Cynthia Erivo: Why a Theater Buyout Was Significant for 'Harriet'

Rebecca Sapp/Getty Images for SBIFF
Cynthia Erivo at the Arlington Theatre during the Santa Barbara Film Festival.

"What it means is that there's an army of people supporting not just the film but me as well," the double Oscar nominee says.

Last spring, ahead of Universal’s release of the Tina Gordon-directed comedy Little, star Issa Rae hatched a big plan to drum up support: She challenged Insecure pal Yvonne Orji to buy out a screening. Orji accepted and fulfilled the request, then kept it going by asking someone else who asked someone else who asked someone else who eventually asked Cynthia Erivo.

So, when people started plunking down plastic to reserve entire theaters for Harriet when it came out Nov. 1, Erivo knew the significance of the gesture because she’d extended it herself. “I love the idea of supporting others in that way,” she told The Hollywood Reporter on the red carpet ahead of accepting an award at the Palm Springs International Film Festival. “What it means is that there’s an army of people supporting not just the film but me as well. That they wanted to share it with others who might not have been able to buy a ticket meant a lot.”

What it means to the wallet depends on the location of the theater and the date and time of the screening, with insiders telling THR that tabs typically range from $1,000 to $2,500. Those who can afford it say the price is dwarfed by the payoff: to help build awareness, spread positive word-of-mouth, offer viewing experiences for audiences who need it, and support stories told by and about women and/or people of color.

Harriet marks Erivo’s first time carrying a film, so having that support also meant shining a spotlight on a film directed by a black woman (Kasi Lemmons) with a black woman in the lead role. Audiences — including those in Dallas who selected it as part a November "Black Women Buy Out" — flocked to the film to see Erivo as American hero Harriet Tubman. It generated north of $43 million at the box-office (on a $20 million budget) and garnered Erivo two Academy Award nominations — one for best actress and another for original song for co-writing “Stand Up” with Joshuah Brian Campbell.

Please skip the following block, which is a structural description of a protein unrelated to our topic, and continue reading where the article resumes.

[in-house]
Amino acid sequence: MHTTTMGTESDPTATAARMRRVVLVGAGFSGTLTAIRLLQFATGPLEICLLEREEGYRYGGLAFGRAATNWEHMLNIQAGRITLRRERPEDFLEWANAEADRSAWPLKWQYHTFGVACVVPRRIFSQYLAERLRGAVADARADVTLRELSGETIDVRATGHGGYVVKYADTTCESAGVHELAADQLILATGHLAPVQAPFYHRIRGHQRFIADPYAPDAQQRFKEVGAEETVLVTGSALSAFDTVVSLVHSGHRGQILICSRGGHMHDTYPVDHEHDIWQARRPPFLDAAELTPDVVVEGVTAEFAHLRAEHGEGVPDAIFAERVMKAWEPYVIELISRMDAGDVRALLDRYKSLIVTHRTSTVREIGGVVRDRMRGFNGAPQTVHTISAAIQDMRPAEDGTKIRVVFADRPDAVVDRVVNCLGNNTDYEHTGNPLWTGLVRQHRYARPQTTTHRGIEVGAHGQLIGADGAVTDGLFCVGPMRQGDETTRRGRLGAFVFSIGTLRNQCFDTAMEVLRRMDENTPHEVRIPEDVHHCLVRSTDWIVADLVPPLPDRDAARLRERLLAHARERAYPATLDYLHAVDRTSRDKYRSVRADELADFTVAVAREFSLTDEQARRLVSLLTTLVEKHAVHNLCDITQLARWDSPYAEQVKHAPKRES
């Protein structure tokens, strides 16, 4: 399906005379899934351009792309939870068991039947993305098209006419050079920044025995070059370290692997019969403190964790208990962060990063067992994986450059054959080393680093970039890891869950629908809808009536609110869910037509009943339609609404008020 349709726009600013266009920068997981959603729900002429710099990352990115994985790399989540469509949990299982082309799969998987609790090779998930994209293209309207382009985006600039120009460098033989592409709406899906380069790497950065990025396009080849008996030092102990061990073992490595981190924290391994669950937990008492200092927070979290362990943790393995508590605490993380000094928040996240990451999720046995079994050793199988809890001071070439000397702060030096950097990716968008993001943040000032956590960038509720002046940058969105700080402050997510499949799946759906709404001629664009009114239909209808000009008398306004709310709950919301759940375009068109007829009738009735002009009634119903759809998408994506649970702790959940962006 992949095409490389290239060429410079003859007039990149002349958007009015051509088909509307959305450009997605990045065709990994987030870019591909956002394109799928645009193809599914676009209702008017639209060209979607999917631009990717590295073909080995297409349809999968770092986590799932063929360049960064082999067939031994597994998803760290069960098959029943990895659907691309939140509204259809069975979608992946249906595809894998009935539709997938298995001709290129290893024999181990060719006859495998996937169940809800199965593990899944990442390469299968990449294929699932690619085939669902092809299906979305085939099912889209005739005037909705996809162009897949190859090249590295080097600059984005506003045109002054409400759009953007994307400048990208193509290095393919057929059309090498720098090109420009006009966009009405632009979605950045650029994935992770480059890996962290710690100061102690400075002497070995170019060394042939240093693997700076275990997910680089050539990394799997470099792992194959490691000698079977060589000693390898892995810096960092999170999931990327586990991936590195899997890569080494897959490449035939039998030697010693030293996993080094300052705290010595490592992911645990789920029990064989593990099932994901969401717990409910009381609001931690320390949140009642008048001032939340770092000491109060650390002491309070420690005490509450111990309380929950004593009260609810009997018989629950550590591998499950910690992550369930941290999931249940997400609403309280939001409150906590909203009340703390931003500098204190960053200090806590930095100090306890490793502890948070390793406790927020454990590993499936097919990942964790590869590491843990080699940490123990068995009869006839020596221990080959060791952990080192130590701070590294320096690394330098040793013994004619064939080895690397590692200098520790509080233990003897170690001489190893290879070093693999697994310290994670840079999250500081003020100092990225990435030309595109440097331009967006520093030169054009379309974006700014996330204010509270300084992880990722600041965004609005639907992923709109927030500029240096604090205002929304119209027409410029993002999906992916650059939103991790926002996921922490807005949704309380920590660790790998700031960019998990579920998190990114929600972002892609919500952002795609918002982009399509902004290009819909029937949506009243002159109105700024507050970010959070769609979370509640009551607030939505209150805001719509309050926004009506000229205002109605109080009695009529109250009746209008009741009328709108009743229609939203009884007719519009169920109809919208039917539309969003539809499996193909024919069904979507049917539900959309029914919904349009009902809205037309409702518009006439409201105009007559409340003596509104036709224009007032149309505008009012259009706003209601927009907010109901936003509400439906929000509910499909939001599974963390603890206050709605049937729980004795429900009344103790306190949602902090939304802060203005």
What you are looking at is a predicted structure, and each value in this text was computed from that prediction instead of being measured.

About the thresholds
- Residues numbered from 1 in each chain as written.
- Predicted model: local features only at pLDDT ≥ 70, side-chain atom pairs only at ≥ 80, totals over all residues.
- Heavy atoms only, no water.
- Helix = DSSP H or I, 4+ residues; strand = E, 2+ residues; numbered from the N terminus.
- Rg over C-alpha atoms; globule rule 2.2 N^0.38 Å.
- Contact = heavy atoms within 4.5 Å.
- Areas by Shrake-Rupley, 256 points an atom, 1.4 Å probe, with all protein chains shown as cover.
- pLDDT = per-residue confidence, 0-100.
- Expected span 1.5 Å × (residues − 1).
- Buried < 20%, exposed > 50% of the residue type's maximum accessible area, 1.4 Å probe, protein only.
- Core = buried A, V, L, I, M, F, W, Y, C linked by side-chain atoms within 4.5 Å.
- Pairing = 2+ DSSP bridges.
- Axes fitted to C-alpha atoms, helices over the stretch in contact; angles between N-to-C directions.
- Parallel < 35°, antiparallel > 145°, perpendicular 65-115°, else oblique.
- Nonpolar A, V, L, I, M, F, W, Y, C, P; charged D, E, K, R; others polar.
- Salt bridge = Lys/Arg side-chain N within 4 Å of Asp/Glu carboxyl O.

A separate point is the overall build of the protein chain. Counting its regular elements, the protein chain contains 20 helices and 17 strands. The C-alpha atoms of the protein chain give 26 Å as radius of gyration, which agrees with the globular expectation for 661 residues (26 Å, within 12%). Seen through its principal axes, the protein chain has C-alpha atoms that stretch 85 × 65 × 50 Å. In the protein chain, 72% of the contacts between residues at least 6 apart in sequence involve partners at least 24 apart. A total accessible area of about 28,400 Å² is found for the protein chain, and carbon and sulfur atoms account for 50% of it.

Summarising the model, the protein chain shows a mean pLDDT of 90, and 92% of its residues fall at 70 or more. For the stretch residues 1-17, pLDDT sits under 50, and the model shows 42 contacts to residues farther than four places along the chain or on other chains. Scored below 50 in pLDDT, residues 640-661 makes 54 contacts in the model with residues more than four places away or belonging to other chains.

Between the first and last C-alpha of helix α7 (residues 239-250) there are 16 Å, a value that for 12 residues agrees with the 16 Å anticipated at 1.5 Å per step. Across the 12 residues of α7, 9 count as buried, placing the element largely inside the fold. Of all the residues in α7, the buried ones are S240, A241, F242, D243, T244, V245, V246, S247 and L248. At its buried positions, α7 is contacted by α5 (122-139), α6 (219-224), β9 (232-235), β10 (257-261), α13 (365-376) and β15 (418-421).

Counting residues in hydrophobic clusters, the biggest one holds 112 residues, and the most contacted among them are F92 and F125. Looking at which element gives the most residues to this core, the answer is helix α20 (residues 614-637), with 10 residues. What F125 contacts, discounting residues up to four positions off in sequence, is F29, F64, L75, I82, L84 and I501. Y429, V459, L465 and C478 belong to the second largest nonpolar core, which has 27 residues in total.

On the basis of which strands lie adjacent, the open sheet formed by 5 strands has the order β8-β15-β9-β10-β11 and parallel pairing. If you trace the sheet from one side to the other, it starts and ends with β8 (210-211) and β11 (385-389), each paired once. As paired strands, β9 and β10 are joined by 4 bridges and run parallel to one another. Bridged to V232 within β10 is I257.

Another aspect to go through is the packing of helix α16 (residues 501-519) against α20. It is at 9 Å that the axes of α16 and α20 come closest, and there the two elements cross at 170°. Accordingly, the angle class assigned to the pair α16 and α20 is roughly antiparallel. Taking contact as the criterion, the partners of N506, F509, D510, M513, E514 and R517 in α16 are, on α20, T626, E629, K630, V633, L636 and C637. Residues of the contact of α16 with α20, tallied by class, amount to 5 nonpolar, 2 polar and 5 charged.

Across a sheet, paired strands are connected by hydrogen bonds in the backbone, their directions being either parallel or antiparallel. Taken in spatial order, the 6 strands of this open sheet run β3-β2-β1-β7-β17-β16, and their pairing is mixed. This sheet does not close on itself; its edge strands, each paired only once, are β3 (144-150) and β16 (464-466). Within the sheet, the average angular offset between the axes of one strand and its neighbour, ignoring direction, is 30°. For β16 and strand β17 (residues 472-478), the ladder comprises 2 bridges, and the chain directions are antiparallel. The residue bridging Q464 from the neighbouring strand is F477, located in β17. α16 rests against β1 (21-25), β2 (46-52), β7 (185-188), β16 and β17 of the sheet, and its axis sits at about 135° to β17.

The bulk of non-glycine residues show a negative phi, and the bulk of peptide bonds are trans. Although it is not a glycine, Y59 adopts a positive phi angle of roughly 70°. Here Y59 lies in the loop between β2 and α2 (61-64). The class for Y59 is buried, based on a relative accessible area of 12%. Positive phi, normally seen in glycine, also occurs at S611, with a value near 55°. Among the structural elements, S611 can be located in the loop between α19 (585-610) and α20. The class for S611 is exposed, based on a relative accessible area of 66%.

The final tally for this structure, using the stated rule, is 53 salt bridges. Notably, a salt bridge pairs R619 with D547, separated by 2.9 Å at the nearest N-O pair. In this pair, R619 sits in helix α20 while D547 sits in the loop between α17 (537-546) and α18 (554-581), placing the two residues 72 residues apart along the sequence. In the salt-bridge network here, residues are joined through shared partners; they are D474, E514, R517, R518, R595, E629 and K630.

The current phenomenon of theater buyouts cannot be mentioned without a nod to the successful bow of Crazy Rich Asians in August 2018, when influencers combined their considerable digital muscle with cash to help boost the debut of Jon M. Chu’s adaptation of the hit novel. That movement, now called #GoldOpen, has since supported more than a dozen Asian-led and multicultural films; struck partnerships with AMC, Regal and Landmark; and expanded its oversight with an official advisory council.

#GoldOpen’s influence has impacted the current awards season with buyouts recorded for such films as Universal’s Queen & Slim and Warner Bros.’ Just Mercy. Snoop Dogg, Kelly Rowland, Big Sean and Roxane Gay bought showings for the former while John Legend, Lena Waithe, and Kanye West and Kim Kardashian West picked up tabs for the latter. “It helps build momentum,” says one veteran awards strategist of why it’s becoming more common. “Sometimes it’s an official campaign and other times it’s just friends of the talent who do it because they actually love the film.”

Erivo has felt the love and says that she’s tried to be present for as many buyouts of Harriet as she could, and if not, “I would FaceTime in” to show gratitude. “No one has to emit that kind of kindness so when they do, I want to be present for it,” she says. “Because it’s amazing.”

A version of this story first appeared in a February stand-alone issue of The Hollywood Reporter magazine. Click here to subscribe.